Smells Like: Christopher Al-Jumah
Smells Like: is an exploration of the human experience of scent through personal stories and connections.
For our seventh installment in the series, designer Christopher Al-Jumah shares the wide array of smells that fill his Manhattan apartment, a scent from an old flame, and the the somniferous power of nutmeg.
Tell me about yourself and your work.
I run a NYC-based architecture and general design studio called Yalla Imshi. Lately, we are designing a coffee shop with a digital art gallery, a cafe and retail space in the heart of Bedstuy with an anti-gentrification mission, and an exhibition all about borders in the physical and abstract sense.
What scents are you encountering today?
Palo Santo, which I light constantly to fight my superstitious and paranoid nature, strawberries and peanut butter from the smoothie I just made, fish that wafts in from the Chinatown fish market I live above, and the trash I haven't taken out because my post-covid brain fog has made even the most basic household task impossible to complete.
Do you have a signature scent?
Carnal Flower by Frederic Malle baby
A memory you have of this scent:
Truthfully, this scent belonged to an old flame. A very gatekeep-y (but also lovely) person that would hate knowing I wear it, so I secretly love that I've adopted their scent and now wear it all the time. I suppose now it's not really a secret, but oh well.
Describe yourself as a place:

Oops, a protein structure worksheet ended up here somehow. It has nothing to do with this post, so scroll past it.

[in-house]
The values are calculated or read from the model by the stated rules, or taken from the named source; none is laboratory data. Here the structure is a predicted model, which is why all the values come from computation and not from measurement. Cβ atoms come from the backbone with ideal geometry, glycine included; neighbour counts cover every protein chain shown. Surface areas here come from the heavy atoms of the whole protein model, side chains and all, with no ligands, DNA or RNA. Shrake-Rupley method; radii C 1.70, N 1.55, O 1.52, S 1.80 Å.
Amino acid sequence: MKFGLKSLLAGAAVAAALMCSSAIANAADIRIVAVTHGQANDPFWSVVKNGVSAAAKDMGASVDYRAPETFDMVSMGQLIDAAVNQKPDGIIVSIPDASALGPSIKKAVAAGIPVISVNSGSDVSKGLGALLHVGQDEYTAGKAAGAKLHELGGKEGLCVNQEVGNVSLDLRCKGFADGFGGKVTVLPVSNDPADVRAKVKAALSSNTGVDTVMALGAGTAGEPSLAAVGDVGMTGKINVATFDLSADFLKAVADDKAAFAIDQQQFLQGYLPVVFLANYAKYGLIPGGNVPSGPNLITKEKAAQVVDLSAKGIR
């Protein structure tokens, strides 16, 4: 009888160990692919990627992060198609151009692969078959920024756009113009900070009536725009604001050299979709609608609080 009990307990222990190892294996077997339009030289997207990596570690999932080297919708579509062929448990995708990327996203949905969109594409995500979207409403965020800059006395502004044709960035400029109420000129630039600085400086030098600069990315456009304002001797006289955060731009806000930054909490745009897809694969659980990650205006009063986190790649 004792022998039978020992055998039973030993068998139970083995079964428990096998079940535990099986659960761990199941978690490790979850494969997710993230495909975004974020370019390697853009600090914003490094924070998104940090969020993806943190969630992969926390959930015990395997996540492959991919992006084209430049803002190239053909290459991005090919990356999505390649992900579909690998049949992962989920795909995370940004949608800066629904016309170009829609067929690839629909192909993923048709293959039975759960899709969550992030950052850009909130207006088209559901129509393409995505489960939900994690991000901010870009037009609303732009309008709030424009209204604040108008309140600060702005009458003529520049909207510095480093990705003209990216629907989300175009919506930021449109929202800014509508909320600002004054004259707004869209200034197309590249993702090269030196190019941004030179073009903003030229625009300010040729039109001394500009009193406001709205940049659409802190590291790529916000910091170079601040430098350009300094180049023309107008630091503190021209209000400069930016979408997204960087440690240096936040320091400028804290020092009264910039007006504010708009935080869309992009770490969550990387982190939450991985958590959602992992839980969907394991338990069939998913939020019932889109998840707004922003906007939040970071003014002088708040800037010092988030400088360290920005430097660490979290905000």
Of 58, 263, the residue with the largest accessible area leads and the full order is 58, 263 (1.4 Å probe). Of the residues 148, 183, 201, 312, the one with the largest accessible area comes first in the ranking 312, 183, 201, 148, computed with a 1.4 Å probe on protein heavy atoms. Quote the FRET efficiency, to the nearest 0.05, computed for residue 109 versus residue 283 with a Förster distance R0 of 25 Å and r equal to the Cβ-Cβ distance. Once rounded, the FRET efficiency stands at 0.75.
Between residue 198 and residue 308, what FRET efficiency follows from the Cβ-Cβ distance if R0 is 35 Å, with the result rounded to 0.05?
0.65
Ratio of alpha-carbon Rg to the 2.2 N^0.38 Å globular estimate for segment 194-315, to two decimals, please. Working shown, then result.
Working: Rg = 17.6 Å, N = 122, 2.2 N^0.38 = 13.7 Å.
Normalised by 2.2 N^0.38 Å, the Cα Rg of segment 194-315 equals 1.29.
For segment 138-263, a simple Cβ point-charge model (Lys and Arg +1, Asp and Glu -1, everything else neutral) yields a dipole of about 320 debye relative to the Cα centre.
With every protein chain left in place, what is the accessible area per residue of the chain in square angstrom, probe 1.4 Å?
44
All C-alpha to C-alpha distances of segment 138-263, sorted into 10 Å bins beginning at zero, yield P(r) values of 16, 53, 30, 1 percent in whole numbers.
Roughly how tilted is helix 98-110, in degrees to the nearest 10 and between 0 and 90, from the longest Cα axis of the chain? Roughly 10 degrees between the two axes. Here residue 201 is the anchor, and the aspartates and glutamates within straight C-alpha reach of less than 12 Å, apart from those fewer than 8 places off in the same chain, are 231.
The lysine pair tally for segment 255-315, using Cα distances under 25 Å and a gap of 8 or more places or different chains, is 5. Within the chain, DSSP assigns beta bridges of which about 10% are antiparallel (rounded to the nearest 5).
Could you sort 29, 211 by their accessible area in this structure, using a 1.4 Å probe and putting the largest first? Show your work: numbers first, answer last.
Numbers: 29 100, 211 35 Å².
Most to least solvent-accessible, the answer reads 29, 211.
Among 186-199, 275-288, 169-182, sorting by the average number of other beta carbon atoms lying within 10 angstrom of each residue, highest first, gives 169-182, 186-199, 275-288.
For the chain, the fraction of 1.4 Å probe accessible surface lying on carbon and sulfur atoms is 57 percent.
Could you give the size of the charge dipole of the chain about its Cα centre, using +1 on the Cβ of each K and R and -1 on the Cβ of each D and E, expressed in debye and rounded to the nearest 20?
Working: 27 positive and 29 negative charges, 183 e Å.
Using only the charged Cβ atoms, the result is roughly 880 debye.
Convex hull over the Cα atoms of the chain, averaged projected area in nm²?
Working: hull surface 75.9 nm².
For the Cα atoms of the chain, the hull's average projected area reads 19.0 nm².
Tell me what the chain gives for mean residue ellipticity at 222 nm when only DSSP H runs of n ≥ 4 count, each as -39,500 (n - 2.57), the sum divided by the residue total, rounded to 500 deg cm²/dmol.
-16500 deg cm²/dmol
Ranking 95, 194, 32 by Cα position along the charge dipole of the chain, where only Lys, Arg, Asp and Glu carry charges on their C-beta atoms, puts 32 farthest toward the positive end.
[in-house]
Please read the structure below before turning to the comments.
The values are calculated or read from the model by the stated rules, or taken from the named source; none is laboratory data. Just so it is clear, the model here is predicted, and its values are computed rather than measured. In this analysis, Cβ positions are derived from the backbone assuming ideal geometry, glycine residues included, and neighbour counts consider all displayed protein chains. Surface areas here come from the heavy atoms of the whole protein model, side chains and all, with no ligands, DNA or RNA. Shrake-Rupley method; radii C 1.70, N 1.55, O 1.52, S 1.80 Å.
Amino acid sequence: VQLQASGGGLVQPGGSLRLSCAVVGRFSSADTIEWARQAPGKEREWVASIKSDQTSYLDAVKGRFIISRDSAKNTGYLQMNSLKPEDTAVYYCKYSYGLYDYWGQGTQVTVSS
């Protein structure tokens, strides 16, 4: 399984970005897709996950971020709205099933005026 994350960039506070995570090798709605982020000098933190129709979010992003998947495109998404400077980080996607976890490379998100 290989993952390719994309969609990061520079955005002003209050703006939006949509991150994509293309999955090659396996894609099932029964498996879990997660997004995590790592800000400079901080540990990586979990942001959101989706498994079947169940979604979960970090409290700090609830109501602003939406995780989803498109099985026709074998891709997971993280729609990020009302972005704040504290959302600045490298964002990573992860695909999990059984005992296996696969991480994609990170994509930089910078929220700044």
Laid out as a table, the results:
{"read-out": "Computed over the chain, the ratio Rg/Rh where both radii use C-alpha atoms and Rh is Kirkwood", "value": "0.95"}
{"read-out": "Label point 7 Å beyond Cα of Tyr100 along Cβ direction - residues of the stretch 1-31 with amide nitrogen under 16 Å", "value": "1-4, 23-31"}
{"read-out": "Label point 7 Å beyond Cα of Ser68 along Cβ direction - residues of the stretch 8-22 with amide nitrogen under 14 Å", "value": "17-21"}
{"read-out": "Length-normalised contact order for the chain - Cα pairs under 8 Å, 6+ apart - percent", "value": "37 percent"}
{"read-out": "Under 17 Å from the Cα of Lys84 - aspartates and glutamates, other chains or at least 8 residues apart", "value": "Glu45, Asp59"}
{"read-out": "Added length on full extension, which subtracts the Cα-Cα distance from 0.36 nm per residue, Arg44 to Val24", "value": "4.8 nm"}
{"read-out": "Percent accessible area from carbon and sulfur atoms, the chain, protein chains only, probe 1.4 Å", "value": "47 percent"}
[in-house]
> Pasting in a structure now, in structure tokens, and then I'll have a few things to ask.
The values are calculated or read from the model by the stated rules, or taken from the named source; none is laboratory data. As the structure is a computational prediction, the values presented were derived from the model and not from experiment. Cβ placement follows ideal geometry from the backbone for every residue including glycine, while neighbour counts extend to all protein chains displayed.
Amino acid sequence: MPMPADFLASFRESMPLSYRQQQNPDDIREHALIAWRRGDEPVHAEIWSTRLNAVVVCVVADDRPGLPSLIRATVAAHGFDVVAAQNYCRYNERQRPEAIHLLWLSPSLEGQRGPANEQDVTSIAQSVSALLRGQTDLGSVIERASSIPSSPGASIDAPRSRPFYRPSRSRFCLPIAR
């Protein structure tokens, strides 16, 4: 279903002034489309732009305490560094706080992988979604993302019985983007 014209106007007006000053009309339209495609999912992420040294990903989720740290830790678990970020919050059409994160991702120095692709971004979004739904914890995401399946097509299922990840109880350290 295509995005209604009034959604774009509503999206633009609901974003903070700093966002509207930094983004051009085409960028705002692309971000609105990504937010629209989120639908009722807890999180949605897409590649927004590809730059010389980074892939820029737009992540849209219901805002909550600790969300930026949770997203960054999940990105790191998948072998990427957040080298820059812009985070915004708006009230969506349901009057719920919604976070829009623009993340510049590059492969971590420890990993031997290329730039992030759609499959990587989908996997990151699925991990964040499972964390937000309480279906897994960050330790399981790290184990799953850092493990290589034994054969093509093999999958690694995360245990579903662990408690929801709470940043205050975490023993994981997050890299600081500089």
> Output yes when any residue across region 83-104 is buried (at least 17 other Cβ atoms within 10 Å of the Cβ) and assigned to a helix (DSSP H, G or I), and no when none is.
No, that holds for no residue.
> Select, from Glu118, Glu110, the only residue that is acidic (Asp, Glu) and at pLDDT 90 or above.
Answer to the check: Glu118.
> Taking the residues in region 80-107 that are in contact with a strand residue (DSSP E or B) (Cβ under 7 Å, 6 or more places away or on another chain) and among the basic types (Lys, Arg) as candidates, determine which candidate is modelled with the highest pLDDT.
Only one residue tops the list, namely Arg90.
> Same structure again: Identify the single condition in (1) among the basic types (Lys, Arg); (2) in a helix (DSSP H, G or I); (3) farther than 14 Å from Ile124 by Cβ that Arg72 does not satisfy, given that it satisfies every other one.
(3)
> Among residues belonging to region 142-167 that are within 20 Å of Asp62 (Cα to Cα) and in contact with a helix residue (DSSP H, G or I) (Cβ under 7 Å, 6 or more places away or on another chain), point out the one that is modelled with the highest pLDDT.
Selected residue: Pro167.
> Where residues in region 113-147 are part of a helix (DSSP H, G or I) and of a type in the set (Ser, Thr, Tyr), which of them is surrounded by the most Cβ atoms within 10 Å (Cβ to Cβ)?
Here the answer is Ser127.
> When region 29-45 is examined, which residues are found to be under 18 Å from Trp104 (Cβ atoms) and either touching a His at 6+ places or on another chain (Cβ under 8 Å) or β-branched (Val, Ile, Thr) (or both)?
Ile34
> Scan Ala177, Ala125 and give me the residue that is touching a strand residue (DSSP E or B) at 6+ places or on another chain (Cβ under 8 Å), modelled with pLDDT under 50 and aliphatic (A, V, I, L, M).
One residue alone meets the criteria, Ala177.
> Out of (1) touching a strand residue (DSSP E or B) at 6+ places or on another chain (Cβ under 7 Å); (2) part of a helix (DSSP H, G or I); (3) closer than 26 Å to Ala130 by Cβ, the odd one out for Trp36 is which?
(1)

A clean room with all the dirty clothes swept under the bed.
As a taste:
I don't know why, but nothing clever is coming to mind. For some reason "nutmeg" entered my brain and won't leave. So I guess nutmeg—sailors used to take it with warm milk to fall asleep at night. So maybe I make people sleepy?
As a color:
I feel like I wake up one way and go to bed another way, you know? I think that's a Bob Dylan quote or something like that. Maybe I'm a honey color. It's not really an overbearing color, but it has a visceral feeling to it, you know?
As an emotion or feeling:
Annoyed/Irritated. I think my baseline is dissatisfaction. I'm great at parties.
What's the last thing that brought you joy?
I'm a new uncle, which is a weird way of saying my sister just had a baby. I honestly have never, ever liked kids. But the other day I was facetiming my dad and the kid kept crawling towards the phone screen and laughing every time he heard my voice. I'm not going to know if he's laughing at me or with me for like … 5 more years. But there was something very pure about that experience and I have to say I've been feeling a lot lighter since experiencing it.
Explore more of Christopher's work at @thisisyourmothercallme and @yallaimshi.